Kosuke Kitajima clocked a jaw-dropping textile best time of 2:08.00 in the distance breaststroke to guarantee himself his second individual swim at the 2012 London Olympics. The performance surpassed Naoya Tomita's textile best of 2:08.25 set last year in Hamamatsu, Japan, and is the 10th fastest swim ever. Kitajima is only half-a-second off his Japanese record of 2:07.51. Kitajima is now in line to go back-to-back-to-back in both the 100 and 200 breaststroke events in London after winning Olympic gold at both the 2004 Athens and 2008 Beijing Olympics.
Remarkably, Ryo Tateishi also surpassed the textile best in the event with a second-place time of 2:08.17 to also make the Olympic squad. He nearly closed the distance on Kitajima, who had a 1:01.11 to 1:01.99 lead at the halfway mark. Tateishi's time bested his lifetime best of 2:08.25, and moved him into sole possession of seventh all time in the event.
Akihiro Yamaguchi posted a Japanese junior record with a third-place time of 2:09.70 for fourth in the world this year behind Andrew Willis (2:09.33), while Kazuki Otsuka took fourth in 2:10.85 tonight.
Yukihiro Takahashi (2:11.54), Tomita (2:11.76), Yuki Sato (2:12.51) and Keisuke Matsushima (2:14.08) rounded out the championship finale.
Video of the race:
Men's 200 back
Ryosuke Irie, who already leads the world this year with a sterling time of 1:54.02 from January, cruised into the finale with a 1:56.16 — the second-fastest time in the world so far this year. Ben Stasiulis stands second in the world to Irie this year with a 1:56.39 from last month. Kazuki Watanabe finished second today in 1:57.88, in line for a spot on the Olympic roster. He also moved up to 10th in the world with the swim.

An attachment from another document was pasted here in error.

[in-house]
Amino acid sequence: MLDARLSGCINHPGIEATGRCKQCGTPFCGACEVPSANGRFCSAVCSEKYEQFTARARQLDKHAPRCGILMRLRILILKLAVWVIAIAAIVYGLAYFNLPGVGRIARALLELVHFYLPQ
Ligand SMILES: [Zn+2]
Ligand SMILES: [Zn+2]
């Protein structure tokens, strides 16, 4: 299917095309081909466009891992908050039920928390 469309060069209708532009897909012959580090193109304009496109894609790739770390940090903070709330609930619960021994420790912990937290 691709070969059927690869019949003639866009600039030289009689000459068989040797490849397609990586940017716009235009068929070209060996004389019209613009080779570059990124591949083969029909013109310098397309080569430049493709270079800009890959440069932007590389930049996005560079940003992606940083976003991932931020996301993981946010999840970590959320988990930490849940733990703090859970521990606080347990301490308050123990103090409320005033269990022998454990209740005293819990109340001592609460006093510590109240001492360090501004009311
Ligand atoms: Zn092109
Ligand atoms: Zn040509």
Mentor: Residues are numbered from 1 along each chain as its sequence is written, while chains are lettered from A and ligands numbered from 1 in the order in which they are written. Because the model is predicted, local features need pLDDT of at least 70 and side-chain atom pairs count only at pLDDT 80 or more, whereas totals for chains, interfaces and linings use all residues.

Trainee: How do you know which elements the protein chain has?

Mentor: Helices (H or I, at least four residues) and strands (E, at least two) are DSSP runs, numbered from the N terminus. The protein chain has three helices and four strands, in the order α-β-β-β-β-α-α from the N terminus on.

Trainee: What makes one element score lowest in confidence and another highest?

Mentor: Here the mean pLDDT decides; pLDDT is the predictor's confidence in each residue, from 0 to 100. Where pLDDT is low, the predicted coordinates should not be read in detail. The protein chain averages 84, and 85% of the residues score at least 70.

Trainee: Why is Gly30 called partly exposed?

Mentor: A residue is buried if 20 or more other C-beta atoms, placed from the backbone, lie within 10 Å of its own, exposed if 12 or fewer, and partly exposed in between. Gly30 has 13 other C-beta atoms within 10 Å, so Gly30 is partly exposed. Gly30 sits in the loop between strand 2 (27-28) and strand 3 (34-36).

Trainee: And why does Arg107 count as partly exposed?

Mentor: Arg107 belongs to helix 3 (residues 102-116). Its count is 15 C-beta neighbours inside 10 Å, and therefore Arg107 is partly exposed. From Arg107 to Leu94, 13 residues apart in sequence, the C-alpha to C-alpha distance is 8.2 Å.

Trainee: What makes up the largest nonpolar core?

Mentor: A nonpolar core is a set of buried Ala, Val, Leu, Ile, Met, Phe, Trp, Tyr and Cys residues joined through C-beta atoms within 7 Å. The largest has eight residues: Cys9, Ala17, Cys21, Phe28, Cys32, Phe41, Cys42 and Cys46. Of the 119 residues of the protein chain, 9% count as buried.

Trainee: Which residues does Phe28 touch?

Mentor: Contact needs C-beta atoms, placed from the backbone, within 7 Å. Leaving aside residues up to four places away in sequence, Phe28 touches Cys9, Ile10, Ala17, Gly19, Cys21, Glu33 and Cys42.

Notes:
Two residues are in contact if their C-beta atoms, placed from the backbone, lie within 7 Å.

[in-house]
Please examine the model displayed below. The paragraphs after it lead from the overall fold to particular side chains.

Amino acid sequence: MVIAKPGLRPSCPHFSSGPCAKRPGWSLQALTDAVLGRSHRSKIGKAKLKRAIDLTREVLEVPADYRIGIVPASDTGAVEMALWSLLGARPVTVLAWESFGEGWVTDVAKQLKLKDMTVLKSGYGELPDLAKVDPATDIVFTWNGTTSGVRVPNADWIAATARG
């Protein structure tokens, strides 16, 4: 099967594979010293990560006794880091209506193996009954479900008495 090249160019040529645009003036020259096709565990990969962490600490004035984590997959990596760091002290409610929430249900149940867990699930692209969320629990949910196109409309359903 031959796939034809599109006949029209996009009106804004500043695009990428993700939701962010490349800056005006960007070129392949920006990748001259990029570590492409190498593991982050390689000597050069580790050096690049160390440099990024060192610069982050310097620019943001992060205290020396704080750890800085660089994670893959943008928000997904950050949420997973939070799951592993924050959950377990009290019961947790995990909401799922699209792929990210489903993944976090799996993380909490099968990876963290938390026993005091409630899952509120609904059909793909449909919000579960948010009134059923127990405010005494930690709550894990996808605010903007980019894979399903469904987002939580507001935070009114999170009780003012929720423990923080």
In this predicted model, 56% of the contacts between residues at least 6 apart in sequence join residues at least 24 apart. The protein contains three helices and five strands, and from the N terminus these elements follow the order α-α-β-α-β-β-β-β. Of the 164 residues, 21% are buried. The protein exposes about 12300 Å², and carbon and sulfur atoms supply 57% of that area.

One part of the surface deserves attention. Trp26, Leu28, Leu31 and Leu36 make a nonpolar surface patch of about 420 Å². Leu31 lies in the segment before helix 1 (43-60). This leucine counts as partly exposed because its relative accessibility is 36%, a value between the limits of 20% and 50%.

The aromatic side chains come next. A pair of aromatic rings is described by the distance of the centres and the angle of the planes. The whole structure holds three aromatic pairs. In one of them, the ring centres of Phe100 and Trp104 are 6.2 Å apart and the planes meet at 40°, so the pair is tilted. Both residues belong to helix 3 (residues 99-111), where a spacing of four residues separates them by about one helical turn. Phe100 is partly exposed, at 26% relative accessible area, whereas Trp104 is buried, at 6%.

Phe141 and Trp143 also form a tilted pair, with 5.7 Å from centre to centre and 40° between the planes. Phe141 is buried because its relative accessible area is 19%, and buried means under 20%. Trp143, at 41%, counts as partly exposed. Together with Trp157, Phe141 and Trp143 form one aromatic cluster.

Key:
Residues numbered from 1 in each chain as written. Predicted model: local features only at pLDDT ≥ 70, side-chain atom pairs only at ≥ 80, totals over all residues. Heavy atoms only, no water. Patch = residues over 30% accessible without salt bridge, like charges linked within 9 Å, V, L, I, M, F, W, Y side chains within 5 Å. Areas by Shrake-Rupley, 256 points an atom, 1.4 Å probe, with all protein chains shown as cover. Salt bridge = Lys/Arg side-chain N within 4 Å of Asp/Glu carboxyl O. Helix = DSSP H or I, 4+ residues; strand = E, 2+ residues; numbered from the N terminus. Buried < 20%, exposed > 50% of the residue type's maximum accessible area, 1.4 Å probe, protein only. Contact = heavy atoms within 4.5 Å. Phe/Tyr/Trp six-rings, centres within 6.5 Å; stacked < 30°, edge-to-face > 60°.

Kuninori Tada took third in 1:58.17 for 12th in the world, while Hayate Matubara placed fourth in 1:58.32 for 14th in the world. Yuki Shirai (1:58.60), Takahiro Yamazaki (1:58.78), Keita Sunama (1:59.43) and Takashi Nakano (2:00.04) rounded out the finale.
Women's 200 breast
Satomi Suzuki (2:24.56) and Kanako Watanabe (2:24.88) both posted times under the Japanese cut, and will need to replicate those swims during the finale to make the Olympic roster. Suzuki moved to fourth in the world this year behind Rebecca Soni (2:22.73), Tera van Beilen (2:24.03) and Sun Ye (2:24.54), while Watanabe took seventh overall. Miho Takahashi (2:25.45) and Rie Kaneto (2:25.45) finished just outside the cut with third-place efforts to move to eighth in the world.
Keiko Fukudome (2:25.80), Saya Fujimoto (2:25.80), Fumiko Kawanabe (2:25.98) and Mio Motegi (2:26.28) completed the finale.
Men's 200 IM
After setting the Asian record in the men's 400 IM with a 4:10.26, Kosuke Hagino returned in the shorter distance medley with a 1:59.64 to put himself in line for another individual Olympic swim. That effort pushed Hagino to 16th in the world rankings, with time to drop during the finale. Ken Takakuwa (1:59.82) and Daiya Seto (1:59.93) are also within striking distance of the Japanese Olympic cut in the event in a fight for who will grab the second Olympic spot.
Yuya Horihata (2:00.26), Takuto Ueki (2:00.89), Yuma Kosaka (2:01.31), Yosuke Mori (2:01.40) and Yuta Uchida (2:01.63) also made their way into the finale.
Women's 800 free
Asami Chida led the way in prelims with an 8:36.53, while Maiko Fujino took second in 8:36.66. Both have some time to cut in the finale to make the Olympic squad. Yuri Yano (8:41.44), Ayano Koguchi (8:41.67), Misato Iwanaga (8:44.75), Emu Higuchi (8:46.43), Yukimi Moriyama (8:46.43) and Mizuki Nonaka (8:47.50) also made the finale.